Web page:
A little stool-full of courtesy

First, I apologize for not posting anything in so long!  It has been… well… a difficult August. BUT! It is over over over. So, on with the good stuff!

I was perusing my personal Facebook account today, and got a real kick at what one of my friends posted. It seems that her coworkers had forgotten a very important part of restroom etiquette, and so someone (not she) took it upon themselves to educate the women of the office. Then my friend posted it to share with all of us. (I have no clue who wrote this little blurb, so I apologize for the lack of recognition…)  Without further ado:

What is a Courtesy Flush?
A courtesy flush is meant to be just that, a courtesy for others. If you know ahead of time you are about to pay the price for last night’s over-indulgences, you may want to consider flushing the toilet several times during your visit in order to minimize unpleasant odors. The common belief is that most unpleasant odors are generated between delivery and reception, if you get my drift. This type of courtesy flush is supposed to take the offenders out of the game as soon as possible, thus reducing the total exposure time for others.

Now ladies I know some of us don’t want to admit that yes, girls poo too. But come on. You do it. And it stinks. Admit, and move on. (Me and my gal pals on the other hand can’t stop talking about our bodily functions. It’s a source of daily humor in our conversations!!!)

And to you water conservationists, remember: your poo might not smell that bad to you, but that bean burrito from last night has a funny way of making other people want to ralph. So save them the trauma and spend the extra water. You’re clever–you’ll find other ways to make up for the extravagance.


© Be Nice. Creator and Be Nice.(somethingsonice.wordpress.com), 2008-2009.

Bad motorcyclist! Bad!

How many of you have parked in, or blocked, a disabled parking space (or ramp) for convenience? Just a quick run inside–it won’t hurt anyone, right? Well, it might not hurt anyone, but it terribly insensitive.

Last night, I dropped off my fiance at work and saw that a motorcyclist had parked his or her bike in the loading zone between two disable parking spots, rendering the loading area completely useless (and therefore the spots very useless). The nerve! Perhaps the biker thought it was more considerate to take that space than a standard parking space (the latter of which can be annoying indeed, but it isn’t illegal or nearly as insensitive). That driver made a misguided decision. Imagine being a person in a wheel chair. Not only might you have to traverse snow-piled sidewalks in the winter (often rendering you home-bound in snowy conditions), but getting around in general can be difficult. So consider the frustration one might feel if they could not utilize the parking area designated for loading and unloading wheel chairs. Especially when the spots are there specifically for the disabled. Frustrating.

With this in mind, here is some information to know and some easy things you can do to be more considerate to disabled individuals:

  • Shovel the snow off your sidewalks after the snowplows have passed (so the person can get to the street).
  • Never ever park in a disabled spot (or loading area) if you do not have the correct certification.
  • Don’t assume a disabled person is incapable of doing things for themselves. If they need help, they will ask. You can offer assistance, but be sure to always ask first before acting.
  • Never pet a guide dog or feed them treats.
  • Guide animals are allowed in all public places including restaurants and hotels.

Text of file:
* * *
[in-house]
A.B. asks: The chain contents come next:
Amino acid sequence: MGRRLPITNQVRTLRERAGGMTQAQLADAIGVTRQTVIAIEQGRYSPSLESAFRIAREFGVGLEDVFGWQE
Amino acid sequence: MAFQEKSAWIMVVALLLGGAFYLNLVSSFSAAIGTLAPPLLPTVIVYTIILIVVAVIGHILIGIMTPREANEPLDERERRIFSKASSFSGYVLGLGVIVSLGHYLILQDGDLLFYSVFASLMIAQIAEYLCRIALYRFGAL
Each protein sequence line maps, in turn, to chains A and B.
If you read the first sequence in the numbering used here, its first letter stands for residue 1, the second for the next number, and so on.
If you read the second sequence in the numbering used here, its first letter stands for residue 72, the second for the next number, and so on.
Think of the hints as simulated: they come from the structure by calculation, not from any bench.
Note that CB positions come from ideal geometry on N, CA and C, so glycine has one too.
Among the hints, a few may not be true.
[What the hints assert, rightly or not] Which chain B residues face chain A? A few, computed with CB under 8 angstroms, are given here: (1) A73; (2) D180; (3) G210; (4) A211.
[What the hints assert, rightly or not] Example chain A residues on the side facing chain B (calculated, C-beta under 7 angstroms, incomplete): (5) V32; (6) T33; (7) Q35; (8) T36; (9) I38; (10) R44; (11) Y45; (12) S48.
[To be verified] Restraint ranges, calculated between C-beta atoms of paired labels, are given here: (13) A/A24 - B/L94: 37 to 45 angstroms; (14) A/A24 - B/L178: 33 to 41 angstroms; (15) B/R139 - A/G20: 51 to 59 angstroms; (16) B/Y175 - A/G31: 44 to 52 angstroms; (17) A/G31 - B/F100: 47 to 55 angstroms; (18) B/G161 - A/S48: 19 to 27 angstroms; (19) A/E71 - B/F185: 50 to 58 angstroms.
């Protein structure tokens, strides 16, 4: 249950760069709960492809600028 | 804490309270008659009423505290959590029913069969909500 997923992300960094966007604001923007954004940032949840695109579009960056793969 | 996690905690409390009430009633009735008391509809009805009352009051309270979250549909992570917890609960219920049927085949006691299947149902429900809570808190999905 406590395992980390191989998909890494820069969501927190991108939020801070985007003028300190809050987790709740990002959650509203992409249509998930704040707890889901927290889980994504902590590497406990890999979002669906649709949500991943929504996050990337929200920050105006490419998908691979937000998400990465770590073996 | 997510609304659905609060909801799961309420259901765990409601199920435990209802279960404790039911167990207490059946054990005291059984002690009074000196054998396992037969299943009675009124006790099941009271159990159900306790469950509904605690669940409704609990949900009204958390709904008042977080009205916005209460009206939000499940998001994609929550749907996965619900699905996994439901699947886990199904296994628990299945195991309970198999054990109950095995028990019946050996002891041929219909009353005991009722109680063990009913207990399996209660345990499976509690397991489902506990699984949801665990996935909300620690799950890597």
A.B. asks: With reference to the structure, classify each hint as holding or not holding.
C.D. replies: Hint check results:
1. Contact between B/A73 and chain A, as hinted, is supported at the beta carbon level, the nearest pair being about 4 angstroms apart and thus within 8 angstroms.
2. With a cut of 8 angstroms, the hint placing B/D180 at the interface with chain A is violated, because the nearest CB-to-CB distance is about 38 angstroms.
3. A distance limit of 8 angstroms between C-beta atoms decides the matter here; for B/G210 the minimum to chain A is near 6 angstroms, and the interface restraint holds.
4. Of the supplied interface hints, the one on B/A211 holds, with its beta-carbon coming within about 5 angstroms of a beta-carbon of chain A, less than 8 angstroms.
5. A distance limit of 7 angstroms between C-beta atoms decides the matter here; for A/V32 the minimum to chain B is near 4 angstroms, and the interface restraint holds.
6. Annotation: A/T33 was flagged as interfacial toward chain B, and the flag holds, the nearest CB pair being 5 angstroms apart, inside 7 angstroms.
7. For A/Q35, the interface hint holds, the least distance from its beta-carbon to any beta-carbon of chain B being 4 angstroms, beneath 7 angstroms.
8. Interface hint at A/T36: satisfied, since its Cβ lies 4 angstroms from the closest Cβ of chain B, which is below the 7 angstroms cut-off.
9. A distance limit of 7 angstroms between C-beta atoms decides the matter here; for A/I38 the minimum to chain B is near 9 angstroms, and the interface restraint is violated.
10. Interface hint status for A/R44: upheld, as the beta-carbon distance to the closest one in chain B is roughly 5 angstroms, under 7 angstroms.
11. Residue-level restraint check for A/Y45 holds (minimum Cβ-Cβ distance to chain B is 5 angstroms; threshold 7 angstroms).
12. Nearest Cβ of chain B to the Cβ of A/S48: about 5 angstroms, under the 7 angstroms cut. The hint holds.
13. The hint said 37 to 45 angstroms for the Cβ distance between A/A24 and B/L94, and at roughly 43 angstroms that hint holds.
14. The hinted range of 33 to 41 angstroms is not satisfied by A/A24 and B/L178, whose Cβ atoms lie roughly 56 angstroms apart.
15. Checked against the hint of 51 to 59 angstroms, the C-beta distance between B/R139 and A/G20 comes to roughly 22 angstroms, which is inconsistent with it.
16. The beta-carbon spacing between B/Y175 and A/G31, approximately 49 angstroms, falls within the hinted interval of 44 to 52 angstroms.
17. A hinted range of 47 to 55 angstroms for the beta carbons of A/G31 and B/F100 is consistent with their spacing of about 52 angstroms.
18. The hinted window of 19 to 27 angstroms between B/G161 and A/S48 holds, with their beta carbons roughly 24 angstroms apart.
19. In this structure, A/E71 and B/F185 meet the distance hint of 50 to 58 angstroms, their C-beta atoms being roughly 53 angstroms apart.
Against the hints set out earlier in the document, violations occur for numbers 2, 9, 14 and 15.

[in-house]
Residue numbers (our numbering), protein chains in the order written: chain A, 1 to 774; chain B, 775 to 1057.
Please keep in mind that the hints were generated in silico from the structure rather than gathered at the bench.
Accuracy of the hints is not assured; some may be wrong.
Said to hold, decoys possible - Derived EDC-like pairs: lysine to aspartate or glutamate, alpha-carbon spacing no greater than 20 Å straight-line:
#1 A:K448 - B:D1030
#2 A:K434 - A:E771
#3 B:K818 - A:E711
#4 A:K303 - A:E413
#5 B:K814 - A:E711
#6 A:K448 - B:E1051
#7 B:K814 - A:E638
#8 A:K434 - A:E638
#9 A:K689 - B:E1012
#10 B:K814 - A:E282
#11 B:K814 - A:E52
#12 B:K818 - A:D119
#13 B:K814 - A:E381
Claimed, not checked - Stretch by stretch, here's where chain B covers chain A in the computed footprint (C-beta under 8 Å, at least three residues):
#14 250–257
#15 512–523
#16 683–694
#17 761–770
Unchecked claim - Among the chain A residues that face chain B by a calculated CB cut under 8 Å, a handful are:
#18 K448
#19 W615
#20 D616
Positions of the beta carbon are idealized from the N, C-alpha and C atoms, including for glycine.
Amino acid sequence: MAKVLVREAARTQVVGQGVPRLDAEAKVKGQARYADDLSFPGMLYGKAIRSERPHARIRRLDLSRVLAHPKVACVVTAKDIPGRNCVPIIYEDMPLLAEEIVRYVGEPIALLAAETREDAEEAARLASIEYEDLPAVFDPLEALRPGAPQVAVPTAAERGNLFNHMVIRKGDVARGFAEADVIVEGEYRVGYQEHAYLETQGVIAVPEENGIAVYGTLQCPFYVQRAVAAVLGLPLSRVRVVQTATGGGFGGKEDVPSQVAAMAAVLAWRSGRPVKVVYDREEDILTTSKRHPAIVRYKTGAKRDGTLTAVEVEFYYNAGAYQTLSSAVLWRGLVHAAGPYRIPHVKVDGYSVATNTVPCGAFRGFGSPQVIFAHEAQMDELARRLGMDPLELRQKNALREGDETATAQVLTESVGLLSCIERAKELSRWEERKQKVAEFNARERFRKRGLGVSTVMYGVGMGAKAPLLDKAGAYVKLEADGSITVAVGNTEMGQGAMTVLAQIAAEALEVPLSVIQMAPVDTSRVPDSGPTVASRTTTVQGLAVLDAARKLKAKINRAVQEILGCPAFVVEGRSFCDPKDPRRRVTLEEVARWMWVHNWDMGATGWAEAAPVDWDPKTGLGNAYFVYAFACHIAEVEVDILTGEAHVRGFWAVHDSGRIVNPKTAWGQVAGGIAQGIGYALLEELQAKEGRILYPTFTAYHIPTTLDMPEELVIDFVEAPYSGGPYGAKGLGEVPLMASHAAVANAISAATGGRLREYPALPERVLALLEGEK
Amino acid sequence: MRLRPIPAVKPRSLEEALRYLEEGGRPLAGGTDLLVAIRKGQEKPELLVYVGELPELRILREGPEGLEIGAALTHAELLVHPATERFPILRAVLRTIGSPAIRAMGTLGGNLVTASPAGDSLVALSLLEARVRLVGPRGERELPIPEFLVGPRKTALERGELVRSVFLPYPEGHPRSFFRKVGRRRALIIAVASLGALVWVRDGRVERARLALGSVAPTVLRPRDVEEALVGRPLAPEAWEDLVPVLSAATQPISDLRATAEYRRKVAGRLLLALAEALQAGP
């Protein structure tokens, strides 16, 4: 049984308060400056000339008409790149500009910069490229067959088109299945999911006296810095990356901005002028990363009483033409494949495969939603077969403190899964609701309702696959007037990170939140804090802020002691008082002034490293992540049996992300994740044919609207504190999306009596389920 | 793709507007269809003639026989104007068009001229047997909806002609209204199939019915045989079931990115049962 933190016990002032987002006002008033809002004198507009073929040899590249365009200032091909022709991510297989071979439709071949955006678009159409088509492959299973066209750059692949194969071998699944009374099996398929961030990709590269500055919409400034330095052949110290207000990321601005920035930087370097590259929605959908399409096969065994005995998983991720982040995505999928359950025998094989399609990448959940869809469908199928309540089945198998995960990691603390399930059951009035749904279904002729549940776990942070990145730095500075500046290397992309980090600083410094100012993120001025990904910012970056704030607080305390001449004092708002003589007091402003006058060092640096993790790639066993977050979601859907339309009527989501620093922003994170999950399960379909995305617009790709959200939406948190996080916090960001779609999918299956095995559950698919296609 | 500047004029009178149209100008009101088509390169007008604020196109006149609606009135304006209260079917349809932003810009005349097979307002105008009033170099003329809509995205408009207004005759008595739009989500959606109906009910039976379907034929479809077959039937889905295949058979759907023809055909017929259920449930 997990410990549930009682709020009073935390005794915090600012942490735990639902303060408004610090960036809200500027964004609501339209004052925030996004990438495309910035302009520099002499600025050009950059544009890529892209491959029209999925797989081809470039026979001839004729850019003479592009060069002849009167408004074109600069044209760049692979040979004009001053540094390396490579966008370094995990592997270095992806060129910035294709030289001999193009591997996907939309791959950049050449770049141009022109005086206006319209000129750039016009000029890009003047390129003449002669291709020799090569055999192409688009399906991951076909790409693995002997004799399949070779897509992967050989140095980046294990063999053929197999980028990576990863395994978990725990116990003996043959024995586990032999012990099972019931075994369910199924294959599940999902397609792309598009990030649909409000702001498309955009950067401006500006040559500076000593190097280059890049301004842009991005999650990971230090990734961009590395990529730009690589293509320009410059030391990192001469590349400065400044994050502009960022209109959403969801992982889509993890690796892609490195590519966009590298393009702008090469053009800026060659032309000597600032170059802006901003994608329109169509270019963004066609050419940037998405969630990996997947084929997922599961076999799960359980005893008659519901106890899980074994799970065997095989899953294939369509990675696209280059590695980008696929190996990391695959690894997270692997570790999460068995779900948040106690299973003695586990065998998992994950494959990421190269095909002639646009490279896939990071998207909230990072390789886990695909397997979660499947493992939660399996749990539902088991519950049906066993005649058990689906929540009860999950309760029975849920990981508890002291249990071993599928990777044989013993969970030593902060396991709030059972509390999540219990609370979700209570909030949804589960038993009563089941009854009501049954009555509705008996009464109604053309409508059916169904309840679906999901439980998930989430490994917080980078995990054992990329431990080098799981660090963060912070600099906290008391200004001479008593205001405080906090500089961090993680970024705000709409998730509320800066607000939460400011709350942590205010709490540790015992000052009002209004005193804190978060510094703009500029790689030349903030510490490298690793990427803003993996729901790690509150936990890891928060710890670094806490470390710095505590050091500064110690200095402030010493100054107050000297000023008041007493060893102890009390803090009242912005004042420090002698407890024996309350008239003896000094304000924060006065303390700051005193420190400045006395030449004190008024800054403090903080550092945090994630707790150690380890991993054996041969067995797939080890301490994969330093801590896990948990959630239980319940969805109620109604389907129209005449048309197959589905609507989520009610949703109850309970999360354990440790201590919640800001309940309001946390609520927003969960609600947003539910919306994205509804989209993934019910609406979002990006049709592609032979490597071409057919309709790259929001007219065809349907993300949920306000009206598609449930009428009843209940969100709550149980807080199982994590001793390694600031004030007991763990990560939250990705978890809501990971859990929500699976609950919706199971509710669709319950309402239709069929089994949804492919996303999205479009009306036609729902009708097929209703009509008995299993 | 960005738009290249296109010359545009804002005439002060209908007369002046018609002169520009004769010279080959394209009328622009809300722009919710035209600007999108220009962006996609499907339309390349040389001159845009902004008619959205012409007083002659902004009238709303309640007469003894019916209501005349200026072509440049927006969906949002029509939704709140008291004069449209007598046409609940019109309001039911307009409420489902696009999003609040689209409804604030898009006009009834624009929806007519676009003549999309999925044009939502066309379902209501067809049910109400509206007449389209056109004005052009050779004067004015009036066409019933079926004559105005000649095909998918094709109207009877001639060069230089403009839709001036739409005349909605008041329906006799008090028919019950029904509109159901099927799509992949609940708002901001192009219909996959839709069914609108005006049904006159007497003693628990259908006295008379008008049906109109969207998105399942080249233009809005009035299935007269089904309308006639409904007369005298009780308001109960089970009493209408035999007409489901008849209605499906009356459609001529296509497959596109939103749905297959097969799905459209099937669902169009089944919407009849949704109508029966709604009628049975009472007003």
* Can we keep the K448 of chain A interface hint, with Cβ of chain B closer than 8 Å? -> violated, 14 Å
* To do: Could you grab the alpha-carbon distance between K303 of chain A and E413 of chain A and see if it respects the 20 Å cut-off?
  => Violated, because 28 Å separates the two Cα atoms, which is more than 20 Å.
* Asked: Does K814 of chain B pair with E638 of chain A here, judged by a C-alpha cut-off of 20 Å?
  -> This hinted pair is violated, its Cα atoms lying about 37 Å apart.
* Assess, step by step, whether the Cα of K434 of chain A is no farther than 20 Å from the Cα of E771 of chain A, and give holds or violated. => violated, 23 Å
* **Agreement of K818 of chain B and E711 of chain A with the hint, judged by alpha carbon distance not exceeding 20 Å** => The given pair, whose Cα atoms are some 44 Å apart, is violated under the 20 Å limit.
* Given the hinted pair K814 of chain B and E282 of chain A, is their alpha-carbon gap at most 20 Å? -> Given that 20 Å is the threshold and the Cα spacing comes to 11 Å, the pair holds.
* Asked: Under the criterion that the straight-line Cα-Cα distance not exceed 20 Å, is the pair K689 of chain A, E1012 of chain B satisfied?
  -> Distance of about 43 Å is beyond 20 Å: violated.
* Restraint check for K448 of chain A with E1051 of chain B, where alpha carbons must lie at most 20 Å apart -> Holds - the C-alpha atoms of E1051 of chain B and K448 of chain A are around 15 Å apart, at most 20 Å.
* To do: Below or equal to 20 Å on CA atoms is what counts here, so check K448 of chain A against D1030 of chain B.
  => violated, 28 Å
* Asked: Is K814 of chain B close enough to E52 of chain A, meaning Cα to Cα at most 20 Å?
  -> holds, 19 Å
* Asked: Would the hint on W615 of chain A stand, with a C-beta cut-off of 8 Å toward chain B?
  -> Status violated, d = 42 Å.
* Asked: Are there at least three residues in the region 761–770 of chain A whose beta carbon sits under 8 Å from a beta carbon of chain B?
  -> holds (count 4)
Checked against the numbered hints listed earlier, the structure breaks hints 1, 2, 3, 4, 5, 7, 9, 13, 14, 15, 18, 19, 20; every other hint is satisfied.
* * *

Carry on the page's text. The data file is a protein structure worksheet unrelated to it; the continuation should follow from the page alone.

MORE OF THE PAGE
• Don’t touch a person’s wheelchair or scooter without permission. To many, it is an extension of their body, making that action offensive or off-putting.
  • Don’t ask a person’s disability. That is incredibly inappropriate.
  • Don’t assume that a disability is visible from the exterior. Many illnesses, such as multiple sclerosis, may not be visibly in its early stages.
  • Hold doors, hold elevators, hit the disabled door-opener button, press the elevator floor, and many other courteous actions which you would do for anyone!
  • Support businesses run by the disabled. An example of this is Uptown Bill’s Small Mall in Iowa City, Iowa. Click on the link to read Bill’s story.
  • Volunteer for associations that assist the disabled.


© Be Nice. Creator and Be Nice.(somethingsonice.wordpress.com), 2008-2009.

Red (Faced) Tape at the DMV

In the DMV the other morning, I noticed the most appalling behavior. A  DMV worker, let’s call her Sally,  was managing a customer’s routine request (let’s call her Ronda). Sally told Ronda  to fill out a few specific forms in an informative tone, which should have resolved her problem. Immediately Ronda threw her hands on her hips and became very snippy with Sally. Speaking to her like a child, Ronda indicated she had filled out the forms and said, “If you would stop and listen to what I am saying instead of jumping to conclusions, maybe you might understand what I am saying.”  Unphased by Ronda’s tone and courteous still, Sally said, “I’m sorry. Please explain what you need.” The conversation continued and within a few moments Ronda snapped at Sally again , “That’s why I’m here! I didn’t step into line on a whim. That guy over there told me to come here and speak with you. And don’t you think I’m about to keep running back and forth because you all don’t seem to know how to do your jobs.”  The conversation continued from there, with Ronda continually growing angry at the ever-calm Sally. I phased out at that point to tend to my own business, but it left me with a lot of thoughts about what transpired.

First, since when did adults believe it is acceptable to behave like toddlers? Ronda threw a tantrum in the DMV fully expecting everything to go her way because she expressed her anger. In my opinion, I would think being kind and courteous would have facilitated the resolution to her complaint much more quickly.